Regular lawn mower maintenance can save you money
We are all well aware that everything we buy has some sort of expected shelf life, and we know that it will have to be replaced at some future date. We also know that properly maintaining a product will help extend that expected lifespan, yet many people are quite content to let a product run its course before buying a new one. There is a little bit more of a concern with higher ticket items, and depending on the brand and model, a lawn mower may very well fall into that category. There is no reason why a lawn mower shouldn’t give you many years of great service, and all it takes is a few simple regular maintenance checks to make that happen.
All the maintenance tips that we are about to share with you are things that you can easily do yourself, and thy will all help extend the life of your mower, which can save you a lot of money in the long run. Some of these tips may not apply to your specific mower, so take a moment to check the instruction manual for your lawn mower, as it will tell you which specific steps to follow, as well as how often you should be doing them.
Gas powered mowers will last longer if you use gasoline instead of ethanol-based gas, as the latter has a tendency to create a gummy residue that can lead to clogs and potential wear and tear on the metal components of the mower. The ethanol-based gas will essentially act like a cancer of sorts, eating your mower up from the inside out. Gasoline tends to burn up quickly, and it won’t leave behind any residue than can cause untold amounts of damage.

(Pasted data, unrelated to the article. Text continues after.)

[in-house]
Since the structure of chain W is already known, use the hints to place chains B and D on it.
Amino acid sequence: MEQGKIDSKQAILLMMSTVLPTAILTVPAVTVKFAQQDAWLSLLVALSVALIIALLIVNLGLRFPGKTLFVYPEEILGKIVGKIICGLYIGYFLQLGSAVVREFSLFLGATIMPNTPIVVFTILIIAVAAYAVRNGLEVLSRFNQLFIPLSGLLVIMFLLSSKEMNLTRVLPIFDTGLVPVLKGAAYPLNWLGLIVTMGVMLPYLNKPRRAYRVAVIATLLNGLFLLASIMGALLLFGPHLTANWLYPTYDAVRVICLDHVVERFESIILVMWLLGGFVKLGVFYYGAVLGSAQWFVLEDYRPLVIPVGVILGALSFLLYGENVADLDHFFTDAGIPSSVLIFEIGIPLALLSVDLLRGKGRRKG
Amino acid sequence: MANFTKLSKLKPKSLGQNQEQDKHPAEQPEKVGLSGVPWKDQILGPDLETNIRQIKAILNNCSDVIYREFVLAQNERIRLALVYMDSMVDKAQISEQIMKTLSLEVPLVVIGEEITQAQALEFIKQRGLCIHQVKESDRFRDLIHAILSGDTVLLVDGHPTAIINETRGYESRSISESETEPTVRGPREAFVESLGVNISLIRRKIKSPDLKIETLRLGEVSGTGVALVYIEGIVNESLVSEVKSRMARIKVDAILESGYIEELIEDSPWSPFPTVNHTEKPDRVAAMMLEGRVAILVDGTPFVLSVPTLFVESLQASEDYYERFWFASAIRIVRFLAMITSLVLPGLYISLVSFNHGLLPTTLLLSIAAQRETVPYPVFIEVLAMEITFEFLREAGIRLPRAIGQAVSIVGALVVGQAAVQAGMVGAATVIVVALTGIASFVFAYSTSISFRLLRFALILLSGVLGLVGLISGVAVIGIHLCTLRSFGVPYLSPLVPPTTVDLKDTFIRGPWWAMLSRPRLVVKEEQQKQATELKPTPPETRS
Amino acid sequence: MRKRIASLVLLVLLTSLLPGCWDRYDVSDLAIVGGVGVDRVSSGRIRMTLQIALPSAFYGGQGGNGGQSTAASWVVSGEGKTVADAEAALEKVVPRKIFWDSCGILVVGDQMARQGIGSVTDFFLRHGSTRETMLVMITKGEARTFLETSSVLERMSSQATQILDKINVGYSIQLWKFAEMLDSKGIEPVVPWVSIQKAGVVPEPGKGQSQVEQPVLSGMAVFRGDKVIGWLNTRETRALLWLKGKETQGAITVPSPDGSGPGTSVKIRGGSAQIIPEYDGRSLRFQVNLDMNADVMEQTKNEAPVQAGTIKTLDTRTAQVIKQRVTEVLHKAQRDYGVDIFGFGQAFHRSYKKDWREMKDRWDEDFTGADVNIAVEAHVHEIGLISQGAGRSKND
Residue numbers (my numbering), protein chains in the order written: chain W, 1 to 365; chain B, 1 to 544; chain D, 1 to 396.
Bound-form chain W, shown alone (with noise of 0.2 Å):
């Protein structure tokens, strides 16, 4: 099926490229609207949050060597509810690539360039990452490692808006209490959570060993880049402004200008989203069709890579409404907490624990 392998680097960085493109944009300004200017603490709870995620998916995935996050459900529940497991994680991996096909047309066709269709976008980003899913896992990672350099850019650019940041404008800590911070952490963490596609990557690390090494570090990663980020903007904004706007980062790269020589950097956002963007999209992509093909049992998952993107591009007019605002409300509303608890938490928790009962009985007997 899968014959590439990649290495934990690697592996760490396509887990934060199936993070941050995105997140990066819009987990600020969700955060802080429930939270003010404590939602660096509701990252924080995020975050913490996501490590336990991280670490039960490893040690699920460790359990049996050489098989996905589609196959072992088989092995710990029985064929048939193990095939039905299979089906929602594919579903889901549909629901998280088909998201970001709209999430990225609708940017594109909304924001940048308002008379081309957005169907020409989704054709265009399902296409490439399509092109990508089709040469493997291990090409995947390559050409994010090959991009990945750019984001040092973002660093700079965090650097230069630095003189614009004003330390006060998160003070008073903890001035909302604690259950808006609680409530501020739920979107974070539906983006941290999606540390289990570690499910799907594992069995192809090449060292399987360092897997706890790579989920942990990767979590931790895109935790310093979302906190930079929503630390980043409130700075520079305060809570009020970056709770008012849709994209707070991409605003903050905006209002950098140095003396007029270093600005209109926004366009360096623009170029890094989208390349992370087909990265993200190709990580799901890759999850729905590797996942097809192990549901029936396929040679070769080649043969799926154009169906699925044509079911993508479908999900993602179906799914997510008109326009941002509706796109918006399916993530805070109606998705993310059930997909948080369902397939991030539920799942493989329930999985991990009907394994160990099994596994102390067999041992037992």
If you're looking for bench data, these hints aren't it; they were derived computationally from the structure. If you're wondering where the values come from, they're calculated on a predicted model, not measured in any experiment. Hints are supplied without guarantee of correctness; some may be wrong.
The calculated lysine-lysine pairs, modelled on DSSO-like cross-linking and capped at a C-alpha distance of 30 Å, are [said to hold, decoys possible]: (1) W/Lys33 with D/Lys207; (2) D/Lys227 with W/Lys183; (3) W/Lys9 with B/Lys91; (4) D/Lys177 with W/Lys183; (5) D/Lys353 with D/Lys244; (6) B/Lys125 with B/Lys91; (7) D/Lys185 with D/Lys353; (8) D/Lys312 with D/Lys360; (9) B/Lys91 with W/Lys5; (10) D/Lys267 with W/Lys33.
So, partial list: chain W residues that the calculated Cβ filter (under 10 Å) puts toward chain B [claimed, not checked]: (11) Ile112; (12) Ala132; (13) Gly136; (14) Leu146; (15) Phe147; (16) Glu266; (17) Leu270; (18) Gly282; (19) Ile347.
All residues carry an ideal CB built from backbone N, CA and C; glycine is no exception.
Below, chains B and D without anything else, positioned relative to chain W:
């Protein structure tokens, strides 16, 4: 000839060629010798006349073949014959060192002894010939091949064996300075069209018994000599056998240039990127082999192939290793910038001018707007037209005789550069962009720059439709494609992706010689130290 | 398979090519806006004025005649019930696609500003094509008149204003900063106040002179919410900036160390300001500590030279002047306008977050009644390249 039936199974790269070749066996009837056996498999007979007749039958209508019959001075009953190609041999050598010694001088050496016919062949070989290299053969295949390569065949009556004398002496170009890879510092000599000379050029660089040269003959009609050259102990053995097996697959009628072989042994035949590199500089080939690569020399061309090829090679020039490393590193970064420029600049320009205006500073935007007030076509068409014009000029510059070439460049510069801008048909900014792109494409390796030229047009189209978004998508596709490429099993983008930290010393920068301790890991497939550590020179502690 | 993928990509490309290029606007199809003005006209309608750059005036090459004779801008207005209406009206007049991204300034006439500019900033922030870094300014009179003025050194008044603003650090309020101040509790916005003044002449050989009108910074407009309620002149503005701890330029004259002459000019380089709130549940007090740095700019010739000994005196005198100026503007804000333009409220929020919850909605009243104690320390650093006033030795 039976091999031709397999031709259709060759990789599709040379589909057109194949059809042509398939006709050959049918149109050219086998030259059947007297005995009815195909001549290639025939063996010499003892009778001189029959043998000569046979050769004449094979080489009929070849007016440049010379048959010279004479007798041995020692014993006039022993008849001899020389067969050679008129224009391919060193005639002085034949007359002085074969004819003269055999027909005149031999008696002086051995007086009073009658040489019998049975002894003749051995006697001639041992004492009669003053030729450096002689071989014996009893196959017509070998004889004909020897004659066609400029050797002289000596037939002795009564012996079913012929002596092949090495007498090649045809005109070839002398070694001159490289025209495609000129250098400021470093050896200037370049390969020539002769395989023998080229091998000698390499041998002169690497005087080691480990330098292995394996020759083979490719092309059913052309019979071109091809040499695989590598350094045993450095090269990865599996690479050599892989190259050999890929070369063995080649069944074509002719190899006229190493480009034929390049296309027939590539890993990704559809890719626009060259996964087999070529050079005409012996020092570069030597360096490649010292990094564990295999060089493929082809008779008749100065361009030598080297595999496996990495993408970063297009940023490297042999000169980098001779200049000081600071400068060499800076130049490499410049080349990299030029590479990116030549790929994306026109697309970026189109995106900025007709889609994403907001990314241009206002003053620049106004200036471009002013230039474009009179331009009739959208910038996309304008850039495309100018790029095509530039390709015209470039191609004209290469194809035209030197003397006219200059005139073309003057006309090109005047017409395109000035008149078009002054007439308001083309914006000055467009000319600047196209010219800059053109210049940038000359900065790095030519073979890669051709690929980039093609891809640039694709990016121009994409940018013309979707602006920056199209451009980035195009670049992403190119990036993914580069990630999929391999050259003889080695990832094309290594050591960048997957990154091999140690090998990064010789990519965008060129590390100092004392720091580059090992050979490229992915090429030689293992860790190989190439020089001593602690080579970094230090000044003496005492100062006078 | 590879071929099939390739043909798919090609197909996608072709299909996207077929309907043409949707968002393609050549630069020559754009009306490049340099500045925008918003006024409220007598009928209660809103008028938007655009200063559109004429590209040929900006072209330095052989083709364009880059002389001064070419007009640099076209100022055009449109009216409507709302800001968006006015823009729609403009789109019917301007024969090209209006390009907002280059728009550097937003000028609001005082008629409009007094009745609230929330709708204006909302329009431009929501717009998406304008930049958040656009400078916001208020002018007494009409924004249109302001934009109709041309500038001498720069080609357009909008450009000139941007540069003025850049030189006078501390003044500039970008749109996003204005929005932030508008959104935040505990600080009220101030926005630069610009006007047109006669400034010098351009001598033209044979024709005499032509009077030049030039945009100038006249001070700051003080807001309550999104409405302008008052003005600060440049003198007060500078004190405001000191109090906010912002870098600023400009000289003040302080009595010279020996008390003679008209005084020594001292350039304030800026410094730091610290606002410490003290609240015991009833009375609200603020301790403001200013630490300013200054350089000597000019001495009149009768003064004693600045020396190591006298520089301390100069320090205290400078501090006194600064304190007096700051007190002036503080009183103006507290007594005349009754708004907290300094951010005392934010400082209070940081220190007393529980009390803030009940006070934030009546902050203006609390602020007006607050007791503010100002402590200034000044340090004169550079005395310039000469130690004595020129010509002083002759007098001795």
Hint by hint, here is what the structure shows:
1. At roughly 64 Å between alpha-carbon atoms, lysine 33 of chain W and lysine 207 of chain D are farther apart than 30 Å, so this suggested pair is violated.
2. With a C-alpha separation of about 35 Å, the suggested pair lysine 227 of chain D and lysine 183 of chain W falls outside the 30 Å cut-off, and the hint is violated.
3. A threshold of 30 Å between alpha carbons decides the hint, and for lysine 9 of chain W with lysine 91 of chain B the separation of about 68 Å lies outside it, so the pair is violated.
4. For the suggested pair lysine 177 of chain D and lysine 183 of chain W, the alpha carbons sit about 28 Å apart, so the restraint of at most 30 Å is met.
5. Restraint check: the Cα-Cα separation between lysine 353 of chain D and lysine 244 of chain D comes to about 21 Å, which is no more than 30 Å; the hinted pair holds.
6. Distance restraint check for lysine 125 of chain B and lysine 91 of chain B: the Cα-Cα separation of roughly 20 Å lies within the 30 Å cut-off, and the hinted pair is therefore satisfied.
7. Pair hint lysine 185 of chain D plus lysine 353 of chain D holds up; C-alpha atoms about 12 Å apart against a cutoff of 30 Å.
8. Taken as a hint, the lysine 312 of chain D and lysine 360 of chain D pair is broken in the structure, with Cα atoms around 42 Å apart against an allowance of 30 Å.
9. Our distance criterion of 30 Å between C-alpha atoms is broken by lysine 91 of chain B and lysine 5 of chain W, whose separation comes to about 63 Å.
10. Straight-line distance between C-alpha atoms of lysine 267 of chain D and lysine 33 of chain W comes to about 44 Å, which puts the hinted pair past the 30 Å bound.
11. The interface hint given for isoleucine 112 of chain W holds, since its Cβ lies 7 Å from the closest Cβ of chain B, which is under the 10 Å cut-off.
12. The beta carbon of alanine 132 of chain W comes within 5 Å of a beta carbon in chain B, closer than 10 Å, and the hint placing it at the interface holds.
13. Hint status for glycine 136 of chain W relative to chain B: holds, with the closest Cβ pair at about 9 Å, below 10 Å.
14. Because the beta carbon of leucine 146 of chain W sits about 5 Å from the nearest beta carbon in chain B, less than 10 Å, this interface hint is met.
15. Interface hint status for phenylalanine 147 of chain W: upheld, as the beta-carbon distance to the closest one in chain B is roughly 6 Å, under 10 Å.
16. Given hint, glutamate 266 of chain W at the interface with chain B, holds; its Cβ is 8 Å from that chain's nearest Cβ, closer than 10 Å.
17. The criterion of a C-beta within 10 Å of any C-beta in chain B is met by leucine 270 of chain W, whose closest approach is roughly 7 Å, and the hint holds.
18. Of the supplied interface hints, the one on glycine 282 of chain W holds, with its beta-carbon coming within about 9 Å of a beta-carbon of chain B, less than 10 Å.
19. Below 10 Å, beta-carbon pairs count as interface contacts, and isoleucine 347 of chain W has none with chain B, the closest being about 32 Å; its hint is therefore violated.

Dirt and grass clippings can stick to the undercarriage of the mower and begin to accumulate over a period of time. This can cause some major problems, and could potentially damage the critical components of the machine. The easiest solution here is to thoroughly wash the mover after every use. Scrape off any excess build-up on the blades and other parts of the mower, and then hose them all down with water. This really doesn’t take a major time investment, and it can help prevent rust from forming within the mower.
Keeping the whole unit clean is the key to longer life, and that includes the oil and air filter. The owner’s manual for your mower should tell you how often the oil and air filter should be changed, so try to stick to that timeline as closely as possible. Perhaps the trickiest part of the maintenance schedule is cleaning out the carburetor, as this may require you to do a little dismantling of the mower. It’s pretty straightforward, though, and you really shouldn’t run into any problems.
Follow all of the maintenance tips out lined above, and you should get a few extra years out of your lawn mower, and that means extra money in your pocket.